Lines in the Sand: A Goddess Divided.


“California” — I shape it a certain way sometimes, letting the “a” drift away dreamily, indistinct.

Not quite ending so much as merging with my exhale in a diaphanous wisp that’s extinguished by my next breath or an errant breeze, of which there were few in the balmy air of the Athenian Agora.
He seemed to form more words, but I was already moving, and my “thank you” circumnavigated my body and was slung over my shoulder, tossed back in pseudo insouciance.
“Sure,” he said, a slight stammer to the “s” that made it issue a kind of shush noise before the word ended abruptly in a sharp “r”.

Whether he was sullen or bemused, I’ll never know, as I was already running down the trail at a brisk clip, my sandaled feet flicking over the dry earth and sun-sapped grass in a whir of sepia.

I had come from the altar of Aphrodite Urania, her coolness pervaded my demeanor, or maybe I’m just completely unused to speaking to attractive men.
So complete has my isolation been during the pandemic… even before it, if I’m honest with myself.
I’ve been in a sort of solipsistic self-containment for a while now, not seeking the company or even the attention of men.

His American voice startled me, rare, so soon after travel restrictions were lifted; British, German and French accents have dominated my sonic surrounds mainly thus far.
I immediately wondered where he was from, even as he asked me the same.
I felt a flutter, a rush, a thrill of anxiety or excitement, I’m not sure which of those sensory cousins it was that provoked me to flee, whipped into flight along the dusty trail.

Even on this trip through Greece, I’ve been alone.
Moving through the city of Athens, seeing sights or running through the nearly oppressive heat.
In the cool, sun-dappled chamber of my hotel room, recuperating from my runs with slow, restorative movement and chilled water from massive bottles. Wandering ruins and museums lost in my own world where the ancient past coalesces with the balmy present.
Through it all I’ve had solitude and contentment.

Aphrodite is a goddess of allure and attraction, but the facet of her energy that dominated my mind that day was her remote, crystalline distance, not the warm gleam of Aphrodite Pandemos, the charming, golden one, but Aphrodite Urania.
She is the etheric, celestial manifestation of the goddess. She is said to denote the realm of transcendent love and is considered distinct from both the realm of the material body and the Maternal Feminine.

I felt something close to fright by the idea of closeness, a kind of intensification of the dry heat around me seemed to strip me of my aura, my self-contained sphere of safety.

He wore mirrored glasses (which I dislike on men), the curving shields reflecting my own face, warped and thrown back at me so I couldn’t see his eyes. Only my own ruddy, damp visage; full rosy lips, childishly plump and awkward-looking in those merciless twin frames.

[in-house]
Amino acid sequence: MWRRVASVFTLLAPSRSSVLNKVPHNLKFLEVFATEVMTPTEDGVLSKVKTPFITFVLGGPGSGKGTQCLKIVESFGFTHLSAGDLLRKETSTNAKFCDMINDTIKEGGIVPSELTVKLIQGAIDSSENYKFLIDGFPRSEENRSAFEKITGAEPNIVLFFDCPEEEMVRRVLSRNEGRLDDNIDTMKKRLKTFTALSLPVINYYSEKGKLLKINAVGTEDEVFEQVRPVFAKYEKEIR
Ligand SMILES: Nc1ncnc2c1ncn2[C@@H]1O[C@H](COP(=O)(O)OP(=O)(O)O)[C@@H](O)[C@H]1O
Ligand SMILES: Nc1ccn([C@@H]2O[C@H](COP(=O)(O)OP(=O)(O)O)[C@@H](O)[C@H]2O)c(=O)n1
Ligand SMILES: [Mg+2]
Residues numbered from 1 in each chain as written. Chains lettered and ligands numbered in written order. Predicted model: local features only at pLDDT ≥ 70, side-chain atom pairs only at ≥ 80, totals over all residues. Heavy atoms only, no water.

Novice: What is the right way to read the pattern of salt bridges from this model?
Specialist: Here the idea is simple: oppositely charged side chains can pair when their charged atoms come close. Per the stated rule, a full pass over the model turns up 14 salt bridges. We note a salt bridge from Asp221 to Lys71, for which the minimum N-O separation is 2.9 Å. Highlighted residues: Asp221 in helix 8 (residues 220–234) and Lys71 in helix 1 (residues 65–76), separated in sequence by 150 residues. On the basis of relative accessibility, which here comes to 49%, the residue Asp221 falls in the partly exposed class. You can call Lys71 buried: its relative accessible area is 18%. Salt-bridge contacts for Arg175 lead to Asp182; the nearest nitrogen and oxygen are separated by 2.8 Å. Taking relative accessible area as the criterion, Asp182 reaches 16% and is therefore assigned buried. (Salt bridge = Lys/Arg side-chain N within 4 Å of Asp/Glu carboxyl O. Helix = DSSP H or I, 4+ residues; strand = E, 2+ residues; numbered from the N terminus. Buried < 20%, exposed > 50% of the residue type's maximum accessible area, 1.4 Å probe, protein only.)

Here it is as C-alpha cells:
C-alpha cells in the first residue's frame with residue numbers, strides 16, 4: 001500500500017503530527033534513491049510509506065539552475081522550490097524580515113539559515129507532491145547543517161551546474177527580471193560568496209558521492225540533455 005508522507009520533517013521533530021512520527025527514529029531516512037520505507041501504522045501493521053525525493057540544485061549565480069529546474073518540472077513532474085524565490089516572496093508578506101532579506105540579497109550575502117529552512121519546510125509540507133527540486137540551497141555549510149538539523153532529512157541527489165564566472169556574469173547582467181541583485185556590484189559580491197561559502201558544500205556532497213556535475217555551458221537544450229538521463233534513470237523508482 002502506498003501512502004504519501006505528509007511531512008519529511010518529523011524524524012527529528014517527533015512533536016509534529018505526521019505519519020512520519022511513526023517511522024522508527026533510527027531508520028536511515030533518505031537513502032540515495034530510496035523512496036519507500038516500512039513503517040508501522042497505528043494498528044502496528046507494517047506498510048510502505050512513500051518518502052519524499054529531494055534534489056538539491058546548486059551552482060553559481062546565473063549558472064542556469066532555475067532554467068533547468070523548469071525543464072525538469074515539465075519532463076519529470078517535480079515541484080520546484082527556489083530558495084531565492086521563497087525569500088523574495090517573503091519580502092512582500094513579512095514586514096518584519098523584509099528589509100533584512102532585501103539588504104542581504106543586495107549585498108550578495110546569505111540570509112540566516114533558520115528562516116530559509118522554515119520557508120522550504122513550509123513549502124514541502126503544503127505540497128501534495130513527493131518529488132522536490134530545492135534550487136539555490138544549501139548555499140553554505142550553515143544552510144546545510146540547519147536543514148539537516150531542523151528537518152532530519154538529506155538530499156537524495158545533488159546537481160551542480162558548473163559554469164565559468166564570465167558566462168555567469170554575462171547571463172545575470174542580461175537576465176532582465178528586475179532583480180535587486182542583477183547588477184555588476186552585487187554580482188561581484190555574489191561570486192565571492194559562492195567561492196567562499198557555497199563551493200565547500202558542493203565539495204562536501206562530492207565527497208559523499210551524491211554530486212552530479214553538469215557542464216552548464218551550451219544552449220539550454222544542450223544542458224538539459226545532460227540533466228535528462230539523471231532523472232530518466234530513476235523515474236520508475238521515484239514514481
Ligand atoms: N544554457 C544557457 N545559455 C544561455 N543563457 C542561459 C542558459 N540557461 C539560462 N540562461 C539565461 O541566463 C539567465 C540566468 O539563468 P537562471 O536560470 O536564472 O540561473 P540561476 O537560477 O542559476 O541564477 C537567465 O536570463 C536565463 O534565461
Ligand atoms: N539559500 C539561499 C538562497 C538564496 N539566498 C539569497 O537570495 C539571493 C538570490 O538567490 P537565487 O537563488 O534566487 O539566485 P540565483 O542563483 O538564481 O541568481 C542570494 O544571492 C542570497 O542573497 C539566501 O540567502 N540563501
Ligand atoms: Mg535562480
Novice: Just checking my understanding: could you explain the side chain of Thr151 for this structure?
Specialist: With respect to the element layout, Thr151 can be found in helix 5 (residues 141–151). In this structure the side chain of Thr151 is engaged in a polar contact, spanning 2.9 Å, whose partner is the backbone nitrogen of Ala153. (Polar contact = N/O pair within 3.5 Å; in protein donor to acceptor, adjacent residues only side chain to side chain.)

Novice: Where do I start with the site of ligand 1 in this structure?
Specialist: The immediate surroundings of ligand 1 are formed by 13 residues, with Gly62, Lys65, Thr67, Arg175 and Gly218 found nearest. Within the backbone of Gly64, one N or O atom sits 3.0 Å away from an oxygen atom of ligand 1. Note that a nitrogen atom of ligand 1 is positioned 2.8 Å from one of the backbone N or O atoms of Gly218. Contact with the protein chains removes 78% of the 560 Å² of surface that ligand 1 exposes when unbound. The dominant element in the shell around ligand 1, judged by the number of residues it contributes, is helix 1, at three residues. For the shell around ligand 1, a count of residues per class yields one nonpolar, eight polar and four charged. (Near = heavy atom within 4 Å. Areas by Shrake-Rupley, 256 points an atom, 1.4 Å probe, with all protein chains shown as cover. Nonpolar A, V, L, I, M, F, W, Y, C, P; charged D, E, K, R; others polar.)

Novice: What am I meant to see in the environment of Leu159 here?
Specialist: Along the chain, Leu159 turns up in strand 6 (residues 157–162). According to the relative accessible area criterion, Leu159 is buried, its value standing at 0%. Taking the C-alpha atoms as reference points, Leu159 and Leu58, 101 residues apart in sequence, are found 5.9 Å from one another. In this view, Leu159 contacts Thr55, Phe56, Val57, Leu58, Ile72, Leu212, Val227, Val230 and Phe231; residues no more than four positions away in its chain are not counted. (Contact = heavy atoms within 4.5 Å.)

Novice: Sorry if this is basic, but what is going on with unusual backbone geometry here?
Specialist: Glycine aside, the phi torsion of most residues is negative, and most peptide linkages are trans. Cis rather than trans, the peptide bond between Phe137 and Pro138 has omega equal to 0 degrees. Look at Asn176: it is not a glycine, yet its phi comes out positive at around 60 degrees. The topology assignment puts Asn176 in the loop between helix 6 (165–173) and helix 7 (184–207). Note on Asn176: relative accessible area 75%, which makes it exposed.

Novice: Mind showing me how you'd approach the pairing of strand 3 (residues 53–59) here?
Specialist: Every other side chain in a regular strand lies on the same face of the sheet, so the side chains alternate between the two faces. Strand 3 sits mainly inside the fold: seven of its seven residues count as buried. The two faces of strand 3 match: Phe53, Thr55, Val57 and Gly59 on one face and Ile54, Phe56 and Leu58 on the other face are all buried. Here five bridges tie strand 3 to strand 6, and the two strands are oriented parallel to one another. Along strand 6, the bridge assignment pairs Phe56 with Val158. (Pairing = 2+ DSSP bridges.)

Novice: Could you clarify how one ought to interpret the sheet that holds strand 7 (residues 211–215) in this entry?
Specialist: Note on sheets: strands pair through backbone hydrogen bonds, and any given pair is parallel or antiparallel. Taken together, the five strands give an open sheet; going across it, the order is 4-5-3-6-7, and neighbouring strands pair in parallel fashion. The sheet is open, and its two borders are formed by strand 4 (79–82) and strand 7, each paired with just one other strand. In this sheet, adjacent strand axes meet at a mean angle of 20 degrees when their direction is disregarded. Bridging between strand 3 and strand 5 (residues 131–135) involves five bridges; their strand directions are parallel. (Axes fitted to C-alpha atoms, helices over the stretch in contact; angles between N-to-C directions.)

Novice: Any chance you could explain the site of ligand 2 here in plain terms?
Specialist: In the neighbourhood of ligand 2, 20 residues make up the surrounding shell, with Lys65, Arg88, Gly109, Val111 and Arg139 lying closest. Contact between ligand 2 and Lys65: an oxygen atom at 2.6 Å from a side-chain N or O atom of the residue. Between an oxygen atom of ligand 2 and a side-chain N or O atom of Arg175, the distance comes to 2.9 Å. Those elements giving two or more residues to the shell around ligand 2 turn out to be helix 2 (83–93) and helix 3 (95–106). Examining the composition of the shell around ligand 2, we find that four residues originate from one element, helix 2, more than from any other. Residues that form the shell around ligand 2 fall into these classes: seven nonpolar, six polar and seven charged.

Funhouse mirrors bent to make the mouth protrude in absurd near-grotesquerie, overly plush, like ripe fruit left out in the burning Grecian sun.
As I ran ridiculously down the path, I wondered if he was looking at me, a funny, skittish creature with coltish movements, flickering down the dusty trail towards the trees near the temple of Hephaestus.
I knew where I was, incidentally, I asked him for directions in a nervous gesture as I noticed him watching me as as he approached; a linear, square jaw, twin inscrutable silver mirrors for eyes, a muscular body in a black shirt straining at the chest.
All impressive, unknowable convexity from his lenses to his muscles bulging monumentally in the heat of the mid-afternoon.
As I raced towards the temple on the hill, I laughed — a throaty, hoarse cackle of a noise, catching a glimpse of my sandaled feet lashing the trail.
So close to the altar of Aphrodite Urania, a goddess cleansed of her Eastern sensuality by the Greek patriarchal lens. A viewpoint so afraid of her full energy; anathema to the Greek world dominated by logic and lines and the Western eye.

I suppose that’s what he represented to me, now that I think of it: the oppressive power to view and name, to place, and thereby control.
The virility of his form enticed me even as I fled from his all-seeing eyes, silver pools of restricting reflection.
What was I in that gaze? Sensual and attractive? Aloof and unattainable? A neurotic, fellow tourist with anxious movements and a slick, sweaty face?
I’ll never know, and I wonder if my energy will remain bifurcated this way in Greece for the rest of my journey.
I wonder if I’ll be cool and alone, or so overwhelmed by sensuality and its heat and moisture that it will overpower me and invoke flight.
As divided as an Eastern goddess split into unintegrated parts by the Western Male eye.


Maren Zweifler enjoys teaching Yoga with a focus on free movement and intrinsic shapes, emphasizing spinal fluidity and innate, primal posture. Deeply inspired by movement systems that embrace nature like Sridaiva and Continuum Movement. He completed a 500-hour certification in SF and has taught both there and in Austin where he honed his skills teaching private classes tailored to the individual needs of his clients. He created a wellness/yoga program at a non-profit. These experiences allowed him to explore both the unique individuation of the physical experience in one-on-one sessions, and the commonalities of the human form that can be witnessed in large groups. You could connect with Maren on Instagram.


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